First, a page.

Finding value in volatility

September 30, 2020

You can’t predict, [but] you can prepare.

Howard Marks, American Investor and Author

Three quarters of the way through the seeming “decade” that is 2020, unpredictability seems to be a persistent attribute. Whether it be market performance, pandemic arrival and impact, or the upcoming U.S. elections, prognostications made throughout the year most certainly have proven unreliable. Given all of this and the market’s historical aversion to unpredictability, there is an element of surprise that the S&P 500 Index is up over 5% through the first nine months of the year and up over 50% from the March 23rd lows.

While the broad market has seen a significant rebound and generated positive returns for the year, not all companies or sectors have participated evenly. So far this year, the Russell 1000 Growth Index has returned almost 25%, besting its value-oriented counterpart by almost 37%! This year has continued, and in some cases exacerbated, a trend that has persisted throughout the last decade. In the last 10 years, the aforementioned growth and value indexes have returned 17% and 10% per year, respectively.

We have seen growth and value diverge like this throughout our firm’s history. These periods are not the most comfortable to endure, but we remain resolute in our longstanding investment philosophy and process. While not always the most fashionable approach at dinner parties, buying one dollar worth of value for 60 cents has proven to be rewarding over time. Much has been written about the “death of value” and the fundamental shift in every part of the economy. While we categorically reject the former assertion, the latter has some merit, even if overstated.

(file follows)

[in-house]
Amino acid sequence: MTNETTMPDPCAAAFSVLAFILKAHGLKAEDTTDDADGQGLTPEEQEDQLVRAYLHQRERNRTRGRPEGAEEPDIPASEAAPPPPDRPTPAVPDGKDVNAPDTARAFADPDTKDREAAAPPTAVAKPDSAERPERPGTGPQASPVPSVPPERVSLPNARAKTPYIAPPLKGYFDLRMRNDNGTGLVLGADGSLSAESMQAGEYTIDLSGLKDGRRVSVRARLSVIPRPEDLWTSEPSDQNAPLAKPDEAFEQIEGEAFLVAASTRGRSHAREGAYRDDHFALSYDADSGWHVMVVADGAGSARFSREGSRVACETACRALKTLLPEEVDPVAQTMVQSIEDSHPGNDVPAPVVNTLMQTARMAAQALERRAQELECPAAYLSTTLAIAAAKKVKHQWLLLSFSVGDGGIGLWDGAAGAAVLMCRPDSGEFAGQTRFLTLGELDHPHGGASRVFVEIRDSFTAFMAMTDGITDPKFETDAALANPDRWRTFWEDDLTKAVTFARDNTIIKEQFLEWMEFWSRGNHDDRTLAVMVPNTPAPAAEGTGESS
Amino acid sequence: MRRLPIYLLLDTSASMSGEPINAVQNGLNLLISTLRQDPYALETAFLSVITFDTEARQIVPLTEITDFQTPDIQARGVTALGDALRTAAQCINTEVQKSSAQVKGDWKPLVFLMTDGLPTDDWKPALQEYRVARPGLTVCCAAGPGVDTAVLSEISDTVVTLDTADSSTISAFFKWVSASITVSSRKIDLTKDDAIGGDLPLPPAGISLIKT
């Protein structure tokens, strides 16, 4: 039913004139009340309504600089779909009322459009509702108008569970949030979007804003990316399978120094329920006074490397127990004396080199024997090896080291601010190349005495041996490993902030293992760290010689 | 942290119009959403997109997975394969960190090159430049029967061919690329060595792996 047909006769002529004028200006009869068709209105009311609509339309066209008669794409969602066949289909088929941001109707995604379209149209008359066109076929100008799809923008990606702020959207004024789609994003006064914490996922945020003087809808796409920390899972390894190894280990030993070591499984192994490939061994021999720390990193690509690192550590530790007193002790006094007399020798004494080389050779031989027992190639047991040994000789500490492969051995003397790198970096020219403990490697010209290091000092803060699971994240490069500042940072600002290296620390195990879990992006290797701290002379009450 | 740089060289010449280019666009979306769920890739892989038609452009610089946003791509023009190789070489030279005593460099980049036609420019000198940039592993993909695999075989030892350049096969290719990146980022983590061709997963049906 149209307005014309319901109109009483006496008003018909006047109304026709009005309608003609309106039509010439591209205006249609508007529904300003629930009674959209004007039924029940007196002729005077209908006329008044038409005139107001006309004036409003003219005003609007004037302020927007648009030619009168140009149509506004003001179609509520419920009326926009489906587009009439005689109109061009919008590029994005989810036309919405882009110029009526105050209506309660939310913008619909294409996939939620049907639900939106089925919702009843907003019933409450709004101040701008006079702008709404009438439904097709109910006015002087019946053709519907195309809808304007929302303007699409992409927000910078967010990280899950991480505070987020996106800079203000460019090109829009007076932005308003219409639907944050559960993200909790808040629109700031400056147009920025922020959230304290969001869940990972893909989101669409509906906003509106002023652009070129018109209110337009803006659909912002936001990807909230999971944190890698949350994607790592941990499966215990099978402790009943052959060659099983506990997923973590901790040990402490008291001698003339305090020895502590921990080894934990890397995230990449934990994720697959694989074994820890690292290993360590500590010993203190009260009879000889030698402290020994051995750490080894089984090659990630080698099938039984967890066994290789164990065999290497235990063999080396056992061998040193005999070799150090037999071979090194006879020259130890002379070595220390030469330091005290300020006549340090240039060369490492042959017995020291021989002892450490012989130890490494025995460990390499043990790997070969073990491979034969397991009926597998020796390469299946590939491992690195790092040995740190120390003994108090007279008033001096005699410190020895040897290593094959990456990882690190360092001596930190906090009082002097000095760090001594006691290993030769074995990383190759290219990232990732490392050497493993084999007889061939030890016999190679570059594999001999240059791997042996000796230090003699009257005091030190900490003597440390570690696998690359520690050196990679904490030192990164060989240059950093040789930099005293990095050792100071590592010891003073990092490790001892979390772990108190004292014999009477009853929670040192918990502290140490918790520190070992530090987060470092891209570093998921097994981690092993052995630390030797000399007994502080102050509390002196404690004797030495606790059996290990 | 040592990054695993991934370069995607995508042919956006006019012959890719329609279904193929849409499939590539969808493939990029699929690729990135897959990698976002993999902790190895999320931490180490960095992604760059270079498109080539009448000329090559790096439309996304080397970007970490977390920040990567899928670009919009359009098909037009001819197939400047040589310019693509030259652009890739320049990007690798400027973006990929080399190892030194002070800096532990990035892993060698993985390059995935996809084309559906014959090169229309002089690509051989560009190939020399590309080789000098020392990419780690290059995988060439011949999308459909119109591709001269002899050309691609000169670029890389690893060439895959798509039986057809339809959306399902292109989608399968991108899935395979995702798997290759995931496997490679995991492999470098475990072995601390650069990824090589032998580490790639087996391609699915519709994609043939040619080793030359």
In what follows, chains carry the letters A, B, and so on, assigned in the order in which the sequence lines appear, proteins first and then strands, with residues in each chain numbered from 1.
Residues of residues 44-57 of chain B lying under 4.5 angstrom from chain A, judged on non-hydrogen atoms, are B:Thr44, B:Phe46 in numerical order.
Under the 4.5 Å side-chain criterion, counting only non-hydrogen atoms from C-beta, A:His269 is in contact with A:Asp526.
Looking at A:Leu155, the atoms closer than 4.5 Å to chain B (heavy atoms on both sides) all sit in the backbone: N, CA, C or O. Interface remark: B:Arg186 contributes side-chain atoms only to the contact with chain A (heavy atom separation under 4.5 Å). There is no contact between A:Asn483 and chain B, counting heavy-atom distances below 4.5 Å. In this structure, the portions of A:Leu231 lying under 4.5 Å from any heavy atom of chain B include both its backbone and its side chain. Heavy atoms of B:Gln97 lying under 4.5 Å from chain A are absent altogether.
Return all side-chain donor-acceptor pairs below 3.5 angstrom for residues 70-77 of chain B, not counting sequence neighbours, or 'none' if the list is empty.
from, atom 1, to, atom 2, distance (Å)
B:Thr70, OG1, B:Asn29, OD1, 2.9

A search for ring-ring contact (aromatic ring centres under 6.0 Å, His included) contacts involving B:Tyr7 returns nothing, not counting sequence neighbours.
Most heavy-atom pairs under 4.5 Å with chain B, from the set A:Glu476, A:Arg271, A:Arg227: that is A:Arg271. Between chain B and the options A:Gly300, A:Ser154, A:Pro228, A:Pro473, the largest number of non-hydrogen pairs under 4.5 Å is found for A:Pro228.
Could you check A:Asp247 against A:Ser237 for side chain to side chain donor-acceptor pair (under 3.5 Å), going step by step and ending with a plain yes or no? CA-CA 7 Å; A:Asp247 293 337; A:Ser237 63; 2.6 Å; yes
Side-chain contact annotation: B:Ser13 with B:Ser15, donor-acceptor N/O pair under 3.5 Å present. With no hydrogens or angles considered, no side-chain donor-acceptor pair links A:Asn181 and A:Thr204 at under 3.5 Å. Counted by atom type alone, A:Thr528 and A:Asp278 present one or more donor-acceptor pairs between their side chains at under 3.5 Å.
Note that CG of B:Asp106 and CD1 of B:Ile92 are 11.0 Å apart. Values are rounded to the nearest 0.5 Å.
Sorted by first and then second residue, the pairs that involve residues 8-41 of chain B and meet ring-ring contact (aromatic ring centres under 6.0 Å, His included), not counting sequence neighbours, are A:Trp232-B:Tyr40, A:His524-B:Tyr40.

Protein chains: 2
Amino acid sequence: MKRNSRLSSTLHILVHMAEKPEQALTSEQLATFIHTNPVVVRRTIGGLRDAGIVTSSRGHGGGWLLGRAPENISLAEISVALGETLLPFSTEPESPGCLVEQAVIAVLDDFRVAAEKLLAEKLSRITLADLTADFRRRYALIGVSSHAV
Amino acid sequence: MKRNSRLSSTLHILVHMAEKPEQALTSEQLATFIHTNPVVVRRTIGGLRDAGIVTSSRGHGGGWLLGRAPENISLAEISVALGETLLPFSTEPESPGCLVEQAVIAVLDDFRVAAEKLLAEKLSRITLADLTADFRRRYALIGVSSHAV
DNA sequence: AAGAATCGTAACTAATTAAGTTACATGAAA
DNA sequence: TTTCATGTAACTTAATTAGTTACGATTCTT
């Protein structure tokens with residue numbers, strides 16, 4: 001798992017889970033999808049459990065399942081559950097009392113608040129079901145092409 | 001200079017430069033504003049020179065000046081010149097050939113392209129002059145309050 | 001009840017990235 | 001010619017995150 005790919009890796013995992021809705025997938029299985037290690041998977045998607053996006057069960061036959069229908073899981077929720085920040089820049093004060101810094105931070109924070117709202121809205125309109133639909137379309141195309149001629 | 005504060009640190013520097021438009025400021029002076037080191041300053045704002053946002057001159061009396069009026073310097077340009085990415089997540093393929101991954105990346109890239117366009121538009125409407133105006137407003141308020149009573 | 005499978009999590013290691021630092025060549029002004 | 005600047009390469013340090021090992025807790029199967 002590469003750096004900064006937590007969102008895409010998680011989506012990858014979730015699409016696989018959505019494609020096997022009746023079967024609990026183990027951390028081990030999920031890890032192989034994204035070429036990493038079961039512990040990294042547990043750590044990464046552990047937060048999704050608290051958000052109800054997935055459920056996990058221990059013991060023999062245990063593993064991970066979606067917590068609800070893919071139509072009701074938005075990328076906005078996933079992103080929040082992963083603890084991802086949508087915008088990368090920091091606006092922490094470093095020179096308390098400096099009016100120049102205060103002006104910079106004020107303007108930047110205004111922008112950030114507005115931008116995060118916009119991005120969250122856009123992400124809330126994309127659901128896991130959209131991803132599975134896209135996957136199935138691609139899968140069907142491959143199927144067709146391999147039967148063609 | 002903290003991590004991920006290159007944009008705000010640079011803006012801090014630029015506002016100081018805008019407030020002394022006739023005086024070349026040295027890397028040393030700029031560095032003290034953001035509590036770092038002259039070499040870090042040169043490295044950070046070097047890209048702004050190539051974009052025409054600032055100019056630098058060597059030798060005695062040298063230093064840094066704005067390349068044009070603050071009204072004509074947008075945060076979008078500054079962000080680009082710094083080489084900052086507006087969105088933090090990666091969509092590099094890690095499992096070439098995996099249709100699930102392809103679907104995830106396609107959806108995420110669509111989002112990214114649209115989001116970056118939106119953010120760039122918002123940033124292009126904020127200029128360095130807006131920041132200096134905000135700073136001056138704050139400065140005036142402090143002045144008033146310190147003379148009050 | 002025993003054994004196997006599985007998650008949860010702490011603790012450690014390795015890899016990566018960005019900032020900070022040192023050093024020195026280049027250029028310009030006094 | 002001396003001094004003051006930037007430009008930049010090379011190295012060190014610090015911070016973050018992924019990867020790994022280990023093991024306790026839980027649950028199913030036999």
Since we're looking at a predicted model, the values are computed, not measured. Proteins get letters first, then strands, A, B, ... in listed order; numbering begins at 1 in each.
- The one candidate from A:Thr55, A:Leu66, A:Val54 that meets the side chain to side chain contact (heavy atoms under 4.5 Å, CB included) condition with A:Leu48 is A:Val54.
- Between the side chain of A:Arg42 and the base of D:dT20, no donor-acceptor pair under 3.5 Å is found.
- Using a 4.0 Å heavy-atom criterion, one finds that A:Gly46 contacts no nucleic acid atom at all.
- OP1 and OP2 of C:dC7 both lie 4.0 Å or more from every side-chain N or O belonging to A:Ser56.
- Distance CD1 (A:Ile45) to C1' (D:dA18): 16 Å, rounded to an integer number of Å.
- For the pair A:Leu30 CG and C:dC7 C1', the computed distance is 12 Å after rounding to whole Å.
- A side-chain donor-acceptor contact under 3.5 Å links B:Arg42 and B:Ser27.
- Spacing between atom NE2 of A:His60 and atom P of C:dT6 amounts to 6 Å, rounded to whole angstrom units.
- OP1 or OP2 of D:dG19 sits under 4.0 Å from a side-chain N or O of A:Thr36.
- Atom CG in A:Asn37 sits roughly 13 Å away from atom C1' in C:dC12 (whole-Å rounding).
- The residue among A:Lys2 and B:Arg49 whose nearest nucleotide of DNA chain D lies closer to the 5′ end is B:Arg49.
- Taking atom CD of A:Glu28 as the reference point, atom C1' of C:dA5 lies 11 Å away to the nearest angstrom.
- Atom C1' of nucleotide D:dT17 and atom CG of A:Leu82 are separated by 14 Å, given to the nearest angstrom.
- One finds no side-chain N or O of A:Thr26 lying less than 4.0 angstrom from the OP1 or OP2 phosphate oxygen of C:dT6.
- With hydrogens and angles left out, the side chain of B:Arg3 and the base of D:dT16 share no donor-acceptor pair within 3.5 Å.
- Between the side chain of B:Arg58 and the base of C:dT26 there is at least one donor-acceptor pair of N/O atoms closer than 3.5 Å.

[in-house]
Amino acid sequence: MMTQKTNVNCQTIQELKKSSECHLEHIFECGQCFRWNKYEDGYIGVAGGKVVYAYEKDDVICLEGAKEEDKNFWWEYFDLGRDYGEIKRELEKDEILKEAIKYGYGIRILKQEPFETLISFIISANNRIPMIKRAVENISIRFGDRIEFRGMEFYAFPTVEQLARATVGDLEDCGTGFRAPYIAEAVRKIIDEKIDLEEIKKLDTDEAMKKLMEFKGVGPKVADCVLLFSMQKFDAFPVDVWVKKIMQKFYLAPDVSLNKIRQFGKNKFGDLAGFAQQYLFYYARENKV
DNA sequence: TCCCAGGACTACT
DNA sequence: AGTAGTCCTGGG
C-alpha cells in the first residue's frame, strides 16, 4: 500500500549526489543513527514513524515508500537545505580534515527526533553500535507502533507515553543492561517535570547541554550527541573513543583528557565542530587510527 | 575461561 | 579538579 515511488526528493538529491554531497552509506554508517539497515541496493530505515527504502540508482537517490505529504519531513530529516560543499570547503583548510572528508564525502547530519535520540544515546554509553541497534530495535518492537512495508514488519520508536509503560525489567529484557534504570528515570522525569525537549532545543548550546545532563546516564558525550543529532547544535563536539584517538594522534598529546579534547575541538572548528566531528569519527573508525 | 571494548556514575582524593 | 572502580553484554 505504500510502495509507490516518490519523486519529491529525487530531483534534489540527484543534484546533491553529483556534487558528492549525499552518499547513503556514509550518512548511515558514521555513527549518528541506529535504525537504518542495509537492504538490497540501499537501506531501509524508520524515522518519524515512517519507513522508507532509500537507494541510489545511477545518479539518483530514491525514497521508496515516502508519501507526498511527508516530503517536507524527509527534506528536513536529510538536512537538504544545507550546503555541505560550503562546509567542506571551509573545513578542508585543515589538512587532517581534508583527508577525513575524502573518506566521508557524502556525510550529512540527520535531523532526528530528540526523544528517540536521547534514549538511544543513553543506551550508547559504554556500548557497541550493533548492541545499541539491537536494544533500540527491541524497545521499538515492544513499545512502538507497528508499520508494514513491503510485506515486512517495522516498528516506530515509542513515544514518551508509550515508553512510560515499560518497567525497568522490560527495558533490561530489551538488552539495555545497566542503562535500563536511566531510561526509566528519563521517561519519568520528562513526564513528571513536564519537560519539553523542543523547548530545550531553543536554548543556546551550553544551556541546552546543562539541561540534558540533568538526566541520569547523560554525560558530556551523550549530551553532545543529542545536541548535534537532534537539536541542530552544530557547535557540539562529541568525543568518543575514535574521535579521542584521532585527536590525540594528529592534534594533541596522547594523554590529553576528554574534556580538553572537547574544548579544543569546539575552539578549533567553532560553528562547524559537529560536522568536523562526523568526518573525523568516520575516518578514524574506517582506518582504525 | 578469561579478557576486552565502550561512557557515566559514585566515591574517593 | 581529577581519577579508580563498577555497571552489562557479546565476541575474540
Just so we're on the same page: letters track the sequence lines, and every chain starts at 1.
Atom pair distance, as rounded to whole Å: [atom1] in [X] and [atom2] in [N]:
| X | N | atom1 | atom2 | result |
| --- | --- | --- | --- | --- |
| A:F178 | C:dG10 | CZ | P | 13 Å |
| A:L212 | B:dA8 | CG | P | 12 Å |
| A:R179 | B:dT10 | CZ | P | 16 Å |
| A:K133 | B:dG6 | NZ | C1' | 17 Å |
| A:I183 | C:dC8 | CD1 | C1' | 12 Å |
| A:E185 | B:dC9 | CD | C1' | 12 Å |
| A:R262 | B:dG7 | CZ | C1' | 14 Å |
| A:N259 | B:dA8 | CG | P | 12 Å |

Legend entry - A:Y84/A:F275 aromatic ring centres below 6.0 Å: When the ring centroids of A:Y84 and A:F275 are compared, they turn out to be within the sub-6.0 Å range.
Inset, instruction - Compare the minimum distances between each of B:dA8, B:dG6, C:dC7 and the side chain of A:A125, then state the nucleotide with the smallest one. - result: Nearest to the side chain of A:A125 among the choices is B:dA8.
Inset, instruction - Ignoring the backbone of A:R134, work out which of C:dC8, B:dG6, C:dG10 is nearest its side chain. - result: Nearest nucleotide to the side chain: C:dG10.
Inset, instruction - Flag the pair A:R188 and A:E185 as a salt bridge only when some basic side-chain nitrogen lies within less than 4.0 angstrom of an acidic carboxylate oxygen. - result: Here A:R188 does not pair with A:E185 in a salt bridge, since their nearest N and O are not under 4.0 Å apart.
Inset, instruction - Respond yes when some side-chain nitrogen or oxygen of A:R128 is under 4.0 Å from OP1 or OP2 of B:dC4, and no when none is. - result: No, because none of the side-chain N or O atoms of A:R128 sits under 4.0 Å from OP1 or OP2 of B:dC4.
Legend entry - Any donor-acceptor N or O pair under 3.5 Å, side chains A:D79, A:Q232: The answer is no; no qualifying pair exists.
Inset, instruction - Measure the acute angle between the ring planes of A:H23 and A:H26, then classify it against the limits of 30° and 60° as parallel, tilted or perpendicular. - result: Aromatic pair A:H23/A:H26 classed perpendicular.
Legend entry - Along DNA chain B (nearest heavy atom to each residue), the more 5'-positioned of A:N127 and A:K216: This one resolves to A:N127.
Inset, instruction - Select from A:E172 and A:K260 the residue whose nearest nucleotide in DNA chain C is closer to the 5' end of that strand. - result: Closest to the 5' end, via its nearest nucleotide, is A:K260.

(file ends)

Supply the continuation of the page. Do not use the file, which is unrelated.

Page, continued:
Currently, we’re seeing a handful of growth stocks driving the broad index higher. Five stocks make up over 20% of the S&P 500 and that index’s positive return for the year has come mostly from multiple expansion, meaning investors are willing to pay a higher price for each $1 of earnings. Jeff Bezos has built a phenomenal and very valuable business at Amazon. Its stock performance has been a key driver for the S&P 500 year-to-date. But at its current quote, the stock is trading at almost 100x next year’s earnings based on data from FactSet. Is there potential for Amazon to grow into that type of earnings multiple? Perhaps, but if it does not, it could be a very costly bet for traders getting involved at these prices.

So while we do find some of these companies attractive, current valuations make it difficult to make a case that something beyond irrational exuberance is driving some of these stocks’ prices higher. It may not be a mirror image of the late 1990s dot-com mania, but there are some similarities with observations of today’s market environment. Thus far in 2020, 25 stocks increased at least 400% at some point. According to Dow Jones, that is the largest number since 2000, which was when 30 stocks achieved that milestone. The last time more than 10 stocks saw that happen was in 2009 coming out of the depths of the financial crisis.

Pulling back further, growth stocks are priced close to their peak when compared to value stocks. The graph below shows the price-to-earnings ratio (P/E) of the 75 fastest growing companies compared to the same multiple of the 100 “cheapest” companies; meaning the ones with the lowest trailing P/E multiples. Historically, the ratio has bounced around the 2-4x range and it sat right around 3x last year. Today, we are looking at a ratio that is close to 10x.

Ratio of the Big Growers and Cheapest Large Capitalization Stocks Relative Trailing-P/E Ratios¹ 1952 Through Late-July 2020

Empirical Research Chart

Source: Empirical Research Partners Analysis.
¹Equally-weighted data; excludes negative earnings during the New Economy era.